musica Dei donum
Caron, Stokem & Tinctoris: Sacred music
[I] "Beatissima Beatrix: Works by Tinctoris & Stokem"
rec: Jan 2008, Budapest, Castle Museum (Gothic Chapel)
Hungaroton - HCD 32583 (© 2008) (75'19")
Liner-notes: E/D/F/H - lyrics; translations: E/H
Cover & tracklist
Missa L'homme armé VI (Sanctus - extr)a;
Johannes DE STOKEM (c1445-1487):
Ave maris stella a 2a;
Gloria de Beata Virgine a 4;
Johannes TINCTORIS (c1435-1511):
Fecit potentiam a 2;
Lamentationes Jeremiae a 4;
Missa L'homme armé a 4;
O virgo miserere mei a 3;
Virgo Dei throno digna a 3
Péter Bárányi, alto;
Zoltán Gavodi, Csaba Gyulai, tenor;
András Koncz, baritone;
Zoltán Mizsei, baritone, organa;
András Demjén, bass
[II] Firminus CARON (c1440 - c1475): "Firminus Caron 1"
The Sound and the Fury
rec: Nov 14, 2008 (live), Mauerbach, Kartause Mauerbach (Kirche)
ORF - SACD 3087 (© 2009) (72'16")
Liner-notes: E/D - lyrics; translations: E/D
Cover & tracklist
Missa Accueilly m'a la belle a 4;
Missa L'homme armé a 4
David Erler, alto;
Klaus Wenk, John Potter, Christian Wegmann, tenor;
Joachim Höchtbauer, Richard Wistreich, bass
The three composers which are represented on these two discs were contemporaries and lived in the second half of the 15th century. Two of them, Firminus Caron and Johannes Tinctoris, also appear, alongside more famous masters like Dufay, Ockeghem and Josquin, in the motet Omnium bonorum plena by Loyset Compère.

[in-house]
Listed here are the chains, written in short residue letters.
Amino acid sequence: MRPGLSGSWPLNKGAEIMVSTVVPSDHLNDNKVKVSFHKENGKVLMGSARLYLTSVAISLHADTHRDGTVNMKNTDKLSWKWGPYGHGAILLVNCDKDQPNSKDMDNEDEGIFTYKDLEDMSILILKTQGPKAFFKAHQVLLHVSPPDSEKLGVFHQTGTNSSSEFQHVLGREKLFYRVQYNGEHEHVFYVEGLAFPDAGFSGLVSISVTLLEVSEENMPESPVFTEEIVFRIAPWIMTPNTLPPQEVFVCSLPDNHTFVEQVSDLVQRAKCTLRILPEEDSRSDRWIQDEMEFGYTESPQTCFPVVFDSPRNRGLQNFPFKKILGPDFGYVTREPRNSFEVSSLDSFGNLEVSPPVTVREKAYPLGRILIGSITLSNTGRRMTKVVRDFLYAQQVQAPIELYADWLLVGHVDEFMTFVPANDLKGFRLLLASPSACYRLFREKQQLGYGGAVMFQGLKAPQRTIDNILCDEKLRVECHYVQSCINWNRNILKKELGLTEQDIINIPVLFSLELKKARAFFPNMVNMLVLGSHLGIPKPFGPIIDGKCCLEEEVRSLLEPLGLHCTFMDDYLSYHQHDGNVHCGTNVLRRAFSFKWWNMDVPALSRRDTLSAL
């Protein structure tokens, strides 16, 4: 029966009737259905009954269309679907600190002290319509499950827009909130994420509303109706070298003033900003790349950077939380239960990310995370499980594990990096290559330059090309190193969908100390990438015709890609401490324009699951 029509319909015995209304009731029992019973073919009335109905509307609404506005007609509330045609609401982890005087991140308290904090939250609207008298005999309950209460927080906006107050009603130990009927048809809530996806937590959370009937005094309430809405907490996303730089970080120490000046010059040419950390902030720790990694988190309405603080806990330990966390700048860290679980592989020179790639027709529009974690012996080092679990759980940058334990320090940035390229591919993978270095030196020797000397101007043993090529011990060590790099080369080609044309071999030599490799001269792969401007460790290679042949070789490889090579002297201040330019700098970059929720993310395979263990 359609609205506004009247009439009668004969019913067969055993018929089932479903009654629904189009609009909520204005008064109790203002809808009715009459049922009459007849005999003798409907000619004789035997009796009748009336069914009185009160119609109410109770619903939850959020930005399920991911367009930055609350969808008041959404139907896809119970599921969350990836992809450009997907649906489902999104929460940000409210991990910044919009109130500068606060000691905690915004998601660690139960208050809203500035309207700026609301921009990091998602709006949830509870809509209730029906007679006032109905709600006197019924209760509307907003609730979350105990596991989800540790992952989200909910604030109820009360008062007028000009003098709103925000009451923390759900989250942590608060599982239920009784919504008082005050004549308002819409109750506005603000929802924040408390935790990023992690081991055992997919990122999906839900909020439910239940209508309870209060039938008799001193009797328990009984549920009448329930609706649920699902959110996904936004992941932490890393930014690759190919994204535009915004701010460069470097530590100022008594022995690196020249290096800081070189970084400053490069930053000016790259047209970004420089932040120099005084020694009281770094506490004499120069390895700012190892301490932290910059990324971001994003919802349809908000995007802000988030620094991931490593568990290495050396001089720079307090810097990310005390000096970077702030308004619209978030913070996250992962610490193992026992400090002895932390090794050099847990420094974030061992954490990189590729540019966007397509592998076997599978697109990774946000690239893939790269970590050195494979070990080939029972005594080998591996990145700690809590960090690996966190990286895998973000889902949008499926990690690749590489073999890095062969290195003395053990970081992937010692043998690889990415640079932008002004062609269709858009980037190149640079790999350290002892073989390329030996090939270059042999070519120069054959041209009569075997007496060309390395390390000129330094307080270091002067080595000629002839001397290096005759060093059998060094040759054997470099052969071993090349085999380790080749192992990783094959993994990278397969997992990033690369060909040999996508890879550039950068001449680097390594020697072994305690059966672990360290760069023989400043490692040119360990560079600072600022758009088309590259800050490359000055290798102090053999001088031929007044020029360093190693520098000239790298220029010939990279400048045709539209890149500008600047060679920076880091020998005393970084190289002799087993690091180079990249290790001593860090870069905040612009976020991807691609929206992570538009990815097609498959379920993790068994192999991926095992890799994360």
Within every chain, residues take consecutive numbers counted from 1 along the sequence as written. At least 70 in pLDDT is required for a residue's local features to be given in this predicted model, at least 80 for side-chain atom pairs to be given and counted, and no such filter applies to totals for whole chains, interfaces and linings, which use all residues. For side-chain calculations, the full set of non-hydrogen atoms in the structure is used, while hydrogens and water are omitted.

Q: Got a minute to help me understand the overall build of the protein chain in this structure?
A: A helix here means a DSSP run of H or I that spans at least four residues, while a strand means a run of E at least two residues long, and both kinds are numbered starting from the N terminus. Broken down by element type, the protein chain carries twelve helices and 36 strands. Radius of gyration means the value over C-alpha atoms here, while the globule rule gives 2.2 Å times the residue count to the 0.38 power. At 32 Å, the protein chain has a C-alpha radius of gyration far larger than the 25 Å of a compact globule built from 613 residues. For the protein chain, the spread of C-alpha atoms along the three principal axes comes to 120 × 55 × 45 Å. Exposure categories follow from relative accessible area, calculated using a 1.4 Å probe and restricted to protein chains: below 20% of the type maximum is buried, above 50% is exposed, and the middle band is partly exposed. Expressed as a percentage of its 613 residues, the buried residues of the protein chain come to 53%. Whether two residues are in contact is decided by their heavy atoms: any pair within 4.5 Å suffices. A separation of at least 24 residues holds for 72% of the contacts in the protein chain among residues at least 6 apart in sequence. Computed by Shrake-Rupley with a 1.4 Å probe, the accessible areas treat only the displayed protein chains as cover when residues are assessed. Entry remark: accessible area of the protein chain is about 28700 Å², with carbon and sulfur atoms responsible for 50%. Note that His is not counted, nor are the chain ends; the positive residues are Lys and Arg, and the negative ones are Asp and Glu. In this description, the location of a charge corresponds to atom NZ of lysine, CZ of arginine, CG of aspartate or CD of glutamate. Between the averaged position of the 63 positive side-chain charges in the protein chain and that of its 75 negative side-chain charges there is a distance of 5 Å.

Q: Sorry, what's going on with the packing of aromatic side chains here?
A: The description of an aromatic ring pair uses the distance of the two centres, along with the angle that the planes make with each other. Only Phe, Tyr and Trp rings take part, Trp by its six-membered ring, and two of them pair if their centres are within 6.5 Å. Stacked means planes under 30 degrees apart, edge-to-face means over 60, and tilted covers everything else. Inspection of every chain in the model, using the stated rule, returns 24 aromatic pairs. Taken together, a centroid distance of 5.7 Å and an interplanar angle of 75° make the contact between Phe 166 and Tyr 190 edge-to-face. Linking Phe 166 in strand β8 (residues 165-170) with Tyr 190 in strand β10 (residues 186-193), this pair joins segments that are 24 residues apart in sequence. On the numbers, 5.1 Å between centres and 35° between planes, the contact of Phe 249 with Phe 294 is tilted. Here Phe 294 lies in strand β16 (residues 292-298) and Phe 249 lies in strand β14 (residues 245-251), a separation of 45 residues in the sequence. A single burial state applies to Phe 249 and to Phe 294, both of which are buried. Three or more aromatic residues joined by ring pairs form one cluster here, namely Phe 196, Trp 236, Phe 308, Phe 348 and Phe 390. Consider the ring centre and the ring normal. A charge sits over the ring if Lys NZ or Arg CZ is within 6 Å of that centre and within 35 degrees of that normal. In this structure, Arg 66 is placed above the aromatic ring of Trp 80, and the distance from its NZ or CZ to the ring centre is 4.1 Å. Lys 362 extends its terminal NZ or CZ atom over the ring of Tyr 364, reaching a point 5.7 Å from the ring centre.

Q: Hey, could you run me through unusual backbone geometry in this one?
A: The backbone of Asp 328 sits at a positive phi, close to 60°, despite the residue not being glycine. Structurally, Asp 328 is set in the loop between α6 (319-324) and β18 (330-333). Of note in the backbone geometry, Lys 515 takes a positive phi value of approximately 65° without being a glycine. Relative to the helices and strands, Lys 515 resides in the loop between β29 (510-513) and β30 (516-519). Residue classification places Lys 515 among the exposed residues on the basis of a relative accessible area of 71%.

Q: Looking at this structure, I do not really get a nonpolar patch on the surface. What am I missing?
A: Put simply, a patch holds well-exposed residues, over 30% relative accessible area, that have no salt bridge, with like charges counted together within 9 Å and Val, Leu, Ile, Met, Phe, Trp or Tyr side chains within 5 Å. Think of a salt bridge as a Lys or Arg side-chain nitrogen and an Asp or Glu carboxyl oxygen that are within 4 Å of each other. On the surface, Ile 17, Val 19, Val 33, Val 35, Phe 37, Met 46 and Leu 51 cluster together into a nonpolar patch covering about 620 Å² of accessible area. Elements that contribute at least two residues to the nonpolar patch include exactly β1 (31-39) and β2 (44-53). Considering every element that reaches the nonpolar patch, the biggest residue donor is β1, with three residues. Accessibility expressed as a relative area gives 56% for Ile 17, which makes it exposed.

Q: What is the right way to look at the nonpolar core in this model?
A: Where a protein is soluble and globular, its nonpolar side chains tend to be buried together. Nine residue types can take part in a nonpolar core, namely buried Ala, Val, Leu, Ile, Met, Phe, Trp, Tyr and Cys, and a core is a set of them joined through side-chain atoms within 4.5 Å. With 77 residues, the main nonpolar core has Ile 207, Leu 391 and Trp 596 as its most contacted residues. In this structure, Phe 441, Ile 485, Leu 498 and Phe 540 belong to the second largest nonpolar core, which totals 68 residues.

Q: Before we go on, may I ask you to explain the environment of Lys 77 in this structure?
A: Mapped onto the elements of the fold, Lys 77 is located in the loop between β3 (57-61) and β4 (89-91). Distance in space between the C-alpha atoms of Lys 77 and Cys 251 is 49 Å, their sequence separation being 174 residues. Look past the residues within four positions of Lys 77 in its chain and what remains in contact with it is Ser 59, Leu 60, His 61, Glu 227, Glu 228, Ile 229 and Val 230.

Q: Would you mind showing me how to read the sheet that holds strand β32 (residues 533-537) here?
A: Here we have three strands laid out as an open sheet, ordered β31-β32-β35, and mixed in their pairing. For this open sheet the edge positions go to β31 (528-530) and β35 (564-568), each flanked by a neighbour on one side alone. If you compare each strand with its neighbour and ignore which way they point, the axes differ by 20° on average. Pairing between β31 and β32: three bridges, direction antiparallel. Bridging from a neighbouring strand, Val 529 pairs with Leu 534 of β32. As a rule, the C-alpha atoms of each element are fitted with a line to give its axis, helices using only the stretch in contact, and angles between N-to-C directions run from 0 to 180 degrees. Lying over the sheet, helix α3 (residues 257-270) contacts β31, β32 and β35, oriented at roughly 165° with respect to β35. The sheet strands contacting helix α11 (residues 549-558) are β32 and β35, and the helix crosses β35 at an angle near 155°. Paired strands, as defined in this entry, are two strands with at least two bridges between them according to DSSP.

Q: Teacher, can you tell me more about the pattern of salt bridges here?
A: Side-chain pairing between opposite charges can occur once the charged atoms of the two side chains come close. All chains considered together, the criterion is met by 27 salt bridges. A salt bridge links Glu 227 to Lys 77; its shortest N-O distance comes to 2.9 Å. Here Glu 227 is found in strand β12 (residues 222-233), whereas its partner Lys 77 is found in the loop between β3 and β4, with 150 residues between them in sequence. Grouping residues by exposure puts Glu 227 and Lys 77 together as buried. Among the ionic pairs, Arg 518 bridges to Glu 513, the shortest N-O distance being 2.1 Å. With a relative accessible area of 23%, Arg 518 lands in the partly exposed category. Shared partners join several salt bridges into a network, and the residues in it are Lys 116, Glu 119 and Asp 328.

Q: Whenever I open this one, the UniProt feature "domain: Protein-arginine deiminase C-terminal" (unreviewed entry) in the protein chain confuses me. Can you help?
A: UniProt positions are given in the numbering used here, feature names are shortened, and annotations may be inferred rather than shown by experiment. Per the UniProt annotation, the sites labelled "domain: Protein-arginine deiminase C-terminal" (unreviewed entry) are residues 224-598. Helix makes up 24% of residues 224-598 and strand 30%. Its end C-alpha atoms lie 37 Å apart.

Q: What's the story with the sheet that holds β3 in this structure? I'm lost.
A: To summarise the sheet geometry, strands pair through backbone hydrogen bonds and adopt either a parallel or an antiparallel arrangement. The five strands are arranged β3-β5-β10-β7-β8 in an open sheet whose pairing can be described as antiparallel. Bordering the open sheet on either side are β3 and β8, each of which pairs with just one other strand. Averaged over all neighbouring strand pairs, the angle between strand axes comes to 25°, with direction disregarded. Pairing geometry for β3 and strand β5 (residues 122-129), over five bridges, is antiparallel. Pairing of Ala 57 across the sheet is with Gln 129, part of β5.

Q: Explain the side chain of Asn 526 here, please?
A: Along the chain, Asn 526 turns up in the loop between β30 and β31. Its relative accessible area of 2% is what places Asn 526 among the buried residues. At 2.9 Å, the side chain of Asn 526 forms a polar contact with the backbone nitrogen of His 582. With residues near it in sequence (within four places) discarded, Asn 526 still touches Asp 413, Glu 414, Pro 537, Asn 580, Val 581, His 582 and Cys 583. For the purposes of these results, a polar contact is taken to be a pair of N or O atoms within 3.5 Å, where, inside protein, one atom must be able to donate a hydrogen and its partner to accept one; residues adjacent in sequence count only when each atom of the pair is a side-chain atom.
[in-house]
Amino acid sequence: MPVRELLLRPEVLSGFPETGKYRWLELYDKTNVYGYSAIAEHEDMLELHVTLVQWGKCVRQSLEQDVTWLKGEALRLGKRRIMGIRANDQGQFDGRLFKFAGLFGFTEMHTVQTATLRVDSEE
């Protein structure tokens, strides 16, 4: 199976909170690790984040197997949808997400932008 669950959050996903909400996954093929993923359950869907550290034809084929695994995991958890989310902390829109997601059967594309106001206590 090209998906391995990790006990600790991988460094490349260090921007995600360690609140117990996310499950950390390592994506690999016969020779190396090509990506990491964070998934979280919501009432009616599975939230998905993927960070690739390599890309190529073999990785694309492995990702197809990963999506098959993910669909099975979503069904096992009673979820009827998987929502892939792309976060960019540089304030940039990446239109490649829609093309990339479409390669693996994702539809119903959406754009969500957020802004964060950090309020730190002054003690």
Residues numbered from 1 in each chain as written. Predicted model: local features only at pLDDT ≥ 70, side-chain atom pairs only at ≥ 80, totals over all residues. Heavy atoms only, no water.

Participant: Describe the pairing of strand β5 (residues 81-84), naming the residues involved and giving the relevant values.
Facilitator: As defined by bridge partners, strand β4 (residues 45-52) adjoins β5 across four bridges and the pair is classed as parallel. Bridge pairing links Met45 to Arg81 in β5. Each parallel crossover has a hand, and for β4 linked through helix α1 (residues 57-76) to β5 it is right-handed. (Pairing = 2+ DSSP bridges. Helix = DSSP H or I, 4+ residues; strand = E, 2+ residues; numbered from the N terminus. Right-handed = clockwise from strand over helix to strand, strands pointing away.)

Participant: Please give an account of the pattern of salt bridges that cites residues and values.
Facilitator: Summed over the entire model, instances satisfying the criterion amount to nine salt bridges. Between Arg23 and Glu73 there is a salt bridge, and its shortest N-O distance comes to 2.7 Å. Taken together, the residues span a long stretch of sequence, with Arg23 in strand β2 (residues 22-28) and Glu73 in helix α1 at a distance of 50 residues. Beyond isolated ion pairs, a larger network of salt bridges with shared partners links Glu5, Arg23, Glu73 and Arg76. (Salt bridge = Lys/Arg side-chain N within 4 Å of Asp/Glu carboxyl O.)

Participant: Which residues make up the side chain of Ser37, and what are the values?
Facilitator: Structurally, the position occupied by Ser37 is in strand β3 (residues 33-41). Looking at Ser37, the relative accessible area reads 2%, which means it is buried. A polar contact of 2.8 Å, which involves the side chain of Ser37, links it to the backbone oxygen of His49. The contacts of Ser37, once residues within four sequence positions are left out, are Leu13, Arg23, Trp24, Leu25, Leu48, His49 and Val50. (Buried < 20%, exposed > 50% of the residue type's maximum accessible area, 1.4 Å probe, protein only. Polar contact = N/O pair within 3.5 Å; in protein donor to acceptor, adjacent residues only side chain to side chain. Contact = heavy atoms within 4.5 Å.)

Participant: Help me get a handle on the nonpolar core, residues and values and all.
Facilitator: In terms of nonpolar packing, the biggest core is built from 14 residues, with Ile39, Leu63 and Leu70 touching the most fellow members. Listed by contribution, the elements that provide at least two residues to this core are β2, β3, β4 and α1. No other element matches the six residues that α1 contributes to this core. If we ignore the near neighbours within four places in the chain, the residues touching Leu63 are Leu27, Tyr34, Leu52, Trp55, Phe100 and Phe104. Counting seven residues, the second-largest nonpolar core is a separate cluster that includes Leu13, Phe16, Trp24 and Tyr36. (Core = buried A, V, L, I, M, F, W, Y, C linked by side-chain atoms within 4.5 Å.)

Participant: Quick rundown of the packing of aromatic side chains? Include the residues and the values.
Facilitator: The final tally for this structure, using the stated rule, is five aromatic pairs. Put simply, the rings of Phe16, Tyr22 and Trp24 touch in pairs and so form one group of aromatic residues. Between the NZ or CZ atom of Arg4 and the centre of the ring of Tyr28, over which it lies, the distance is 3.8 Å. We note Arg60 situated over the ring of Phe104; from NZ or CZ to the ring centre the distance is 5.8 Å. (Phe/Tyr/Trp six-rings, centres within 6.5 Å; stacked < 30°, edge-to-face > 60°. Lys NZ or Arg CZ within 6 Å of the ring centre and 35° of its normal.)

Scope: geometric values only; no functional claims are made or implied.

Tinctoris is the best-known of these three. It is not that his music is frequently performed; he is first and foremost known as a theorist. He was born in the southern Netherlands, and therefore a product of the Franco-Flemish school which dominated European religious music for nearly two centuries. In the 1460s he was active in Orléans, and in the early 1470s he moved to Naples, where he remained for two decades. Here the largest part of his writings and compositional output were created. He entered the service of King Ferdinand I of Aragon, also known as Don Ferrante, and the music teacher of his daughter Beatrice. She married King Matthias of Hungary in 1476 in Buda and was crowned queen. She always kept in touch with Tinctoris, and he possibly visited the queen - widow since 1490 - in 1493. He also dedicated several writings and compositions to her. One of them is the short motet Beatissima Beatrix which opens the disc of the ensemble Voces Aequales: "Happiest Beatrix, prudent, lover of virtues, all of us whom you love, make us forever happy!" O virgo miserere mei and Virgo Dei throno digna are from the Mellon Chansonnier which Tinctoris put together for the wedding of King Matthias and Beatrice.
The largest piece on the programme is the Missa L'homme armé. It is one of the earliest specimen of parody masses which took the popular chanson L'homme armé as their starting point. The upper voice of the chanson is quite often recognizable in the mass. It is also notable that the Kyrie and then Sanctus are troped. The Lamentatio Jeremiae is the only part of the Lamentations Tinctoris composed. It is considered a late work.